I love these little hands.  They never cease to amaze me.  They create a never ending flurry of love notes and drawings as gifts for anyone who ventures by.  They are constantly seeking out snuggles and touches.  They pray. They draw, paint and crochet long chains of whatever she imagines her creations should be that day (hairbands, necklaces, handcuffs…). They love to be sticky making the perfect cookie and can cut veggies and fruit for that perfect snack!  And, just like every little person I have ever known, these little hands can pick and pester. They can swipe clothes and smuggle away other treasured items from her big sister’s room.  They can also spill and, oh boy, can they make messes!  As time has passed these little hands have grown and changed as they have acquired new skills – from trying to pick up little pieces of toast and getting that spoon into her mouth to pulling the puppy’s hair and manipulating board games pieces.

imageBut because these sweet little hands belong to a little person, they are very impatient!  That could also be a function of being my child as well…I am not known for being patient. Last February, we bought a number of annual flower seeds for our first attempt at growing flowers from scratch indoors.  We have always had great luck with direct seeding sunflower seeds and poppies once the soil warmed up, but indoor annual growing proved to be a lot of work with a relatively poor outcome.  Or so I thought. Only about 10% of our seeds ever germinated, despite my little’s ones best efforts to urge them on.  She used my heat mats, moisture domes and a little grow light she picked out for her very own room.  She spritzed them and spoke to them lovingly.  She bounced around waiting and waiting for the little seeds she had meticulously nestled into her starter soil to poke up.  When a few of them finally did, she let me transplant them into cells (her little hands were not up to this delicate task yet…).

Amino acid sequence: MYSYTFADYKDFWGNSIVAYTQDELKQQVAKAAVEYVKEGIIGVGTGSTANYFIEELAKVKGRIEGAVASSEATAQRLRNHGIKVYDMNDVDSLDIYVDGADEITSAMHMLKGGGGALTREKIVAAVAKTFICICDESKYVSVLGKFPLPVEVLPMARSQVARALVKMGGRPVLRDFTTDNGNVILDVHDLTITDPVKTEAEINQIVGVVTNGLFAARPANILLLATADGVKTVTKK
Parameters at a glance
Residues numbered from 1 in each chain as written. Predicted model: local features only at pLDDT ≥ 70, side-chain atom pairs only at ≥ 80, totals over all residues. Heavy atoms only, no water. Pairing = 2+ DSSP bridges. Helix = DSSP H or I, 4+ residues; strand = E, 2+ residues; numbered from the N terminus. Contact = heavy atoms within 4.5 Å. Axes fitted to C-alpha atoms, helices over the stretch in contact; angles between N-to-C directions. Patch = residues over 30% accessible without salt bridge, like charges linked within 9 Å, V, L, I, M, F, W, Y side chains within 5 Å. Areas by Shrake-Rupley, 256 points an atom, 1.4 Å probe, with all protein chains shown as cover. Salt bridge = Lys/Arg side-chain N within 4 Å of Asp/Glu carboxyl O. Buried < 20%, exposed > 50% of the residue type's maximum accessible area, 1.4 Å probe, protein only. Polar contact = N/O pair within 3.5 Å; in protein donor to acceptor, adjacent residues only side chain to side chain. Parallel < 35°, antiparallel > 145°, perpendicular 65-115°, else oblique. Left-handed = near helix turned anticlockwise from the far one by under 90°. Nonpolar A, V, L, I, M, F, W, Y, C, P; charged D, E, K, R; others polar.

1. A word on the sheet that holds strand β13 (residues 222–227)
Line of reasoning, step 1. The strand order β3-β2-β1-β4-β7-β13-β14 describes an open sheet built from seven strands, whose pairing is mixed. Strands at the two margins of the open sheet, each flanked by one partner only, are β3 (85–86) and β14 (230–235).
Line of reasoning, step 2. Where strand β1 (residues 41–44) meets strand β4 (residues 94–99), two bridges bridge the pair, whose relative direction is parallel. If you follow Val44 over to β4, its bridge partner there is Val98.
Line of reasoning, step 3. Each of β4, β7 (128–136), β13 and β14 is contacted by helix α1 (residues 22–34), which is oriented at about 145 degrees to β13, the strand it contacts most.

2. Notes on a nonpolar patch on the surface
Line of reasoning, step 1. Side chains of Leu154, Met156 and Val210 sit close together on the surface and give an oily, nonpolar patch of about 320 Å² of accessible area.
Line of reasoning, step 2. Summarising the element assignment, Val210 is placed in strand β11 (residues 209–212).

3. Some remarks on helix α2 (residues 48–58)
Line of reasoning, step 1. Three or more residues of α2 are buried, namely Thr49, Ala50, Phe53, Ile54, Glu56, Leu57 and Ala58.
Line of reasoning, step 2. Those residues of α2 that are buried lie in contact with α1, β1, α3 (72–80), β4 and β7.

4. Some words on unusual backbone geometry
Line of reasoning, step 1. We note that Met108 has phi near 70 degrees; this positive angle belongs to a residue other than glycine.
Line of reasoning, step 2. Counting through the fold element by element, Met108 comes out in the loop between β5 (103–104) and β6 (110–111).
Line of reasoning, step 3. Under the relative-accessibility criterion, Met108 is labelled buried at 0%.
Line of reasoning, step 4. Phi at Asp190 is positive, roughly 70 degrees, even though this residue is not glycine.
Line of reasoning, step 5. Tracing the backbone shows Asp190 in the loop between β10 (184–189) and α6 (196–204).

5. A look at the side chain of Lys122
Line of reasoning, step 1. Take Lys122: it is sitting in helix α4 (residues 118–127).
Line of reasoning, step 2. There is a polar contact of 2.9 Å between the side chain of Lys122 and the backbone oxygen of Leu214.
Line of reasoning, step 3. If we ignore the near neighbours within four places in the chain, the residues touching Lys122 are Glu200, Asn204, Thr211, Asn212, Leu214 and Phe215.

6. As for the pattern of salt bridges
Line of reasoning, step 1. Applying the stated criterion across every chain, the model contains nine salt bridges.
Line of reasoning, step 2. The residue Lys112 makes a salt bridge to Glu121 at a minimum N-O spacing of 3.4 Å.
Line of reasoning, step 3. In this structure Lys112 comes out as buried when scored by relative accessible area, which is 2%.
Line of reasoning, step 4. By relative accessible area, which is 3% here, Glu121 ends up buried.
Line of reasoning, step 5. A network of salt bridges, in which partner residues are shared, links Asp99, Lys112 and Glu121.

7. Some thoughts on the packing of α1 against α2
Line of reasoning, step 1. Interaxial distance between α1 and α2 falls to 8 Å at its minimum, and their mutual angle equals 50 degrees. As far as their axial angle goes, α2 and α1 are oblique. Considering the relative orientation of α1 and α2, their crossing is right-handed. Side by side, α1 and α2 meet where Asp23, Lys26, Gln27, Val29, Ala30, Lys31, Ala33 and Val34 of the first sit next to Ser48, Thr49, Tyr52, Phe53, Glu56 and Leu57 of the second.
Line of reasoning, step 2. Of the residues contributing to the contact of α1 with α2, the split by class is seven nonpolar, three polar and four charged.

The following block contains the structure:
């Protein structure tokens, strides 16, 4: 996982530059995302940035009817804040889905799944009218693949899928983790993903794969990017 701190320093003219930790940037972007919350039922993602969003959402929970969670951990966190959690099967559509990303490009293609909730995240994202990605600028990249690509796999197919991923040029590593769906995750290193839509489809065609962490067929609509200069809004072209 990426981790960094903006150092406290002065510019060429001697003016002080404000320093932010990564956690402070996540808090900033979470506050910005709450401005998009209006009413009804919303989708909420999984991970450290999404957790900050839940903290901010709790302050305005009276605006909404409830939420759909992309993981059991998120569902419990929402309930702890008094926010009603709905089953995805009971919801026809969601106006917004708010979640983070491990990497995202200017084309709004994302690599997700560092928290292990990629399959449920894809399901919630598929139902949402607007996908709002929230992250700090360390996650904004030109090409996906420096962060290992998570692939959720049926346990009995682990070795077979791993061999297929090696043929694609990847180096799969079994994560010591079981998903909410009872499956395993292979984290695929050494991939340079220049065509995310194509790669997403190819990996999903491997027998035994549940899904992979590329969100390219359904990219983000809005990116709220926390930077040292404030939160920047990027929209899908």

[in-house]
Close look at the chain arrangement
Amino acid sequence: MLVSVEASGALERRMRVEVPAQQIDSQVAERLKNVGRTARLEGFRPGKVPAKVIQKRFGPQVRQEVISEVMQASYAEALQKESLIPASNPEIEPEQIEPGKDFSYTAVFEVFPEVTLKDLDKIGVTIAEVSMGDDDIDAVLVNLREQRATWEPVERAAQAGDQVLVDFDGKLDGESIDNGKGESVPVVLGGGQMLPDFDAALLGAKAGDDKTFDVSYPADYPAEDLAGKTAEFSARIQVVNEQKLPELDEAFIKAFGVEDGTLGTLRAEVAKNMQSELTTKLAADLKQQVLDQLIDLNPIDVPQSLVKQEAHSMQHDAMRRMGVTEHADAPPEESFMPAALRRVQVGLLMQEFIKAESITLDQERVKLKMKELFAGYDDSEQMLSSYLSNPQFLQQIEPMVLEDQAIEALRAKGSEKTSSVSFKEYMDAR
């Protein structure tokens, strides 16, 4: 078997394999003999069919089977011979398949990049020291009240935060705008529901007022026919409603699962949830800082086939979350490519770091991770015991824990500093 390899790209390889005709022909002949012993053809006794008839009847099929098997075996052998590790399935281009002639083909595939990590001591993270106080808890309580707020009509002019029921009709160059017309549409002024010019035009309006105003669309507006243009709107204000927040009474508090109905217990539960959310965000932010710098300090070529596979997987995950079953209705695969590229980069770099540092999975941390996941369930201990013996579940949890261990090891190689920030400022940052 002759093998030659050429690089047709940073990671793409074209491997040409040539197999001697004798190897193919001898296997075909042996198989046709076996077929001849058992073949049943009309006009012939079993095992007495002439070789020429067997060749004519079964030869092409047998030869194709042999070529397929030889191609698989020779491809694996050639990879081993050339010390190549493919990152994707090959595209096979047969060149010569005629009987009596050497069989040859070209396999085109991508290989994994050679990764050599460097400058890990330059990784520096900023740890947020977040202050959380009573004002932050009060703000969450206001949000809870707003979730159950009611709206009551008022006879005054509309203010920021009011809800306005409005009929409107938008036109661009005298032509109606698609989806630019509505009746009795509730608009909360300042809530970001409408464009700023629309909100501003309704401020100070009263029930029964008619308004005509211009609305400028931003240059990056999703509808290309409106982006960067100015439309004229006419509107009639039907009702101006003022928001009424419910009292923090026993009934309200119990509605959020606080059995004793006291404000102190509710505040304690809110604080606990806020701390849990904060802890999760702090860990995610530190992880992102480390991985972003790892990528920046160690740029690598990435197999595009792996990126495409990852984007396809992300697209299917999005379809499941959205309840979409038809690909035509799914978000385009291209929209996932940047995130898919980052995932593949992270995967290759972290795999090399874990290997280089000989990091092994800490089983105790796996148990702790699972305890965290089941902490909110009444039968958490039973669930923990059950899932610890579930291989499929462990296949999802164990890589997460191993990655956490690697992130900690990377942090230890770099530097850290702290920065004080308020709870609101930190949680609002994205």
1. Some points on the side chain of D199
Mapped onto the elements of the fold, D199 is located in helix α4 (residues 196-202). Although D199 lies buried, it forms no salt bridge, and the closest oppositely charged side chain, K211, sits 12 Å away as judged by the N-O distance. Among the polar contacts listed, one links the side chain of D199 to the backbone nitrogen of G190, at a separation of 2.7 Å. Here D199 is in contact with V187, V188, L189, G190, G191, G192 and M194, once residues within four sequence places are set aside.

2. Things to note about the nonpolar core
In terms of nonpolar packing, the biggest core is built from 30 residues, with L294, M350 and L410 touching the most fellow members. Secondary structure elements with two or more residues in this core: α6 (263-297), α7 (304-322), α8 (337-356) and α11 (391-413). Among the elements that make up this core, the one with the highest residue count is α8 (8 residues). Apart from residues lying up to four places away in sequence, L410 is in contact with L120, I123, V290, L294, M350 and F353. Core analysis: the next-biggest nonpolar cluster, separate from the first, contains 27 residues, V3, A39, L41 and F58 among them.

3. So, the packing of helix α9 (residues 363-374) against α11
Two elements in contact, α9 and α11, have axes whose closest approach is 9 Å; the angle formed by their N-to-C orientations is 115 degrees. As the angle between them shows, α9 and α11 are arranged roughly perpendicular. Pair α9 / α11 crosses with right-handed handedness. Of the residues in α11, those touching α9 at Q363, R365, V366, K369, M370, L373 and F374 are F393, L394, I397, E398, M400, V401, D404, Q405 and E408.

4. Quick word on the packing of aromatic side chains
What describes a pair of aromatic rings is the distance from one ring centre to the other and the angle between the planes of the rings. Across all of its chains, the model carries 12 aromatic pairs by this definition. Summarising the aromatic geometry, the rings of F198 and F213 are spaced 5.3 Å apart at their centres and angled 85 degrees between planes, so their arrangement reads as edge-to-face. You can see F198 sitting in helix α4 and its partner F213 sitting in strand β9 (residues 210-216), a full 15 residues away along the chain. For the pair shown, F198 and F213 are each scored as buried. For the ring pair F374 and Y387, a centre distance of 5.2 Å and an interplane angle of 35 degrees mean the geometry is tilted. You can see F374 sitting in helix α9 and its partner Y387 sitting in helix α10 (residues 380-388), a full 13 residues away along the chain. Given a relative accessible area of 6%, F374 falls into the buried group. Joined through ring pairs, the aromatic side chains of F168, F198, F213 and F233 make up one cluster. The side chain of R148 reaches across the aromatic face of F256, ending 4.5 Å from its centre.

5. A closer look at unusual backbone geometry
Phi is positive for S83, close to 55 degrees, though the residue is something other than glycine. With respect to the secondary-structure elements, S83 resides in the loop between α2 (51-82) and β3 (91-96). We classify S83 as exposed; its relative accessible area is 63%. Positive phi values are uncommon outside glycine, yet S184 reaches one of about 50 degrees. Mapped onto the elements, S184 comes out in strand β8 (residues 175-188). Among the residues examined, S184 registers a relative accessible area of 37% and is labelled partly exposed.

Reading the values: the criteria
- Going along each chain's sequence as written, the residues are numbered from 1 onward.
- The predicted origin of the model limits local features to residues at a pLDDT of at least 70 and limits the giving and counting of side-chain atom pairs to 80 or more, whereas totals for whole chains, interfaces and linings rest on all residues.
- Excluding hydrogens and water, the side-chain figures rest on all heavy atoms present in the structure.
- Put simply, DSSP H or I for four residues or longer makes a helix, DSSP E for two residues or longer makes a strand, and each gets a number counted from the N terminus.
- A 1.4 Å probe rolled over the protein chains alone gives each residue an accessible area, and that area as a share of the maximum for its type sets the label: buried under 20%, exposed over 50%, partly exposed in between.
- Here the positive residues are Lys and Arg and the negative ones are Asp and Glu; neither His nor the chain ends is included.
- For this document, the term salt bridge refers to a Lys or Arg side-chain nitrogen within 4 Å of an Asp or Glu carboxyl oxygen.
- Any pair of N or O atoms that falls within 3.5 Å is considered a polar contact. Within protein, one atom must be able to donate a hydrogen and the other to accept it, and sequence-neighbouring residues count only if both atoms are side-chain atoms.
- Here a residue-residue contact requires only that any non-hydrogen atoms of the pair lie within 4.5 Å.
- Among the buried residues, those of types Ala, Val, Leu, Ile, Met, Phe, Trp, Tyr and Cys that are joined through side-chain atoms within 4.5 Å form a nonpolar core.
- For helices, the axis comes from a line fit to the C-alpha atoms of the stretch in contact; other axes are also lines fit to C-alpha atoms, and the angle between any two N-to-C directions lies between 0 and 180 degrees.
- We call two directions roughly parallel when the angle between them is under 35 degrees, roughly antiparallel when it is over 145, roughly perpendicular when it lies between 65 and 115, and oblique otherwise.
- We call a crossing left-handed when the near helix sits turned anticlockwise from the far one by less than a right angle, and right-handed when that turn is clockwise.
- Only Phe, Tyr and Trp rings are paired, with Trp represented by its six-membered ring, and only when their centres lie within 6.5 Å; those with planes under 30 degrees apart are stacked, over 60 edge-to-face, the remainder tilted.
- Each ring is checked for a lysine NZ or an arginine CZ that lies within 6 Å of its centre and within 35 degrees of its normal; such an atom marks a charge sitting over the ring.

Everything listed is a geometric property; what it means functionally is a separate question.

As the days warmed up, she hauled her two trays of seedlings in and out every morning and evening to harden off.  Finally, in early June, she very carefully placed her flower babies into the shiniest, prettiest pots she could find.  She also filled my deck boxes and planters.  When she wasn’t looking, I added a few stuffers, but I got caught and was not allowed to add anymore flowers.  These little plimageants looked pretty sad.  Being a little particular myself, I really had to bite my tongue and keep my own hands still so as not to “aid” in her accomplishments.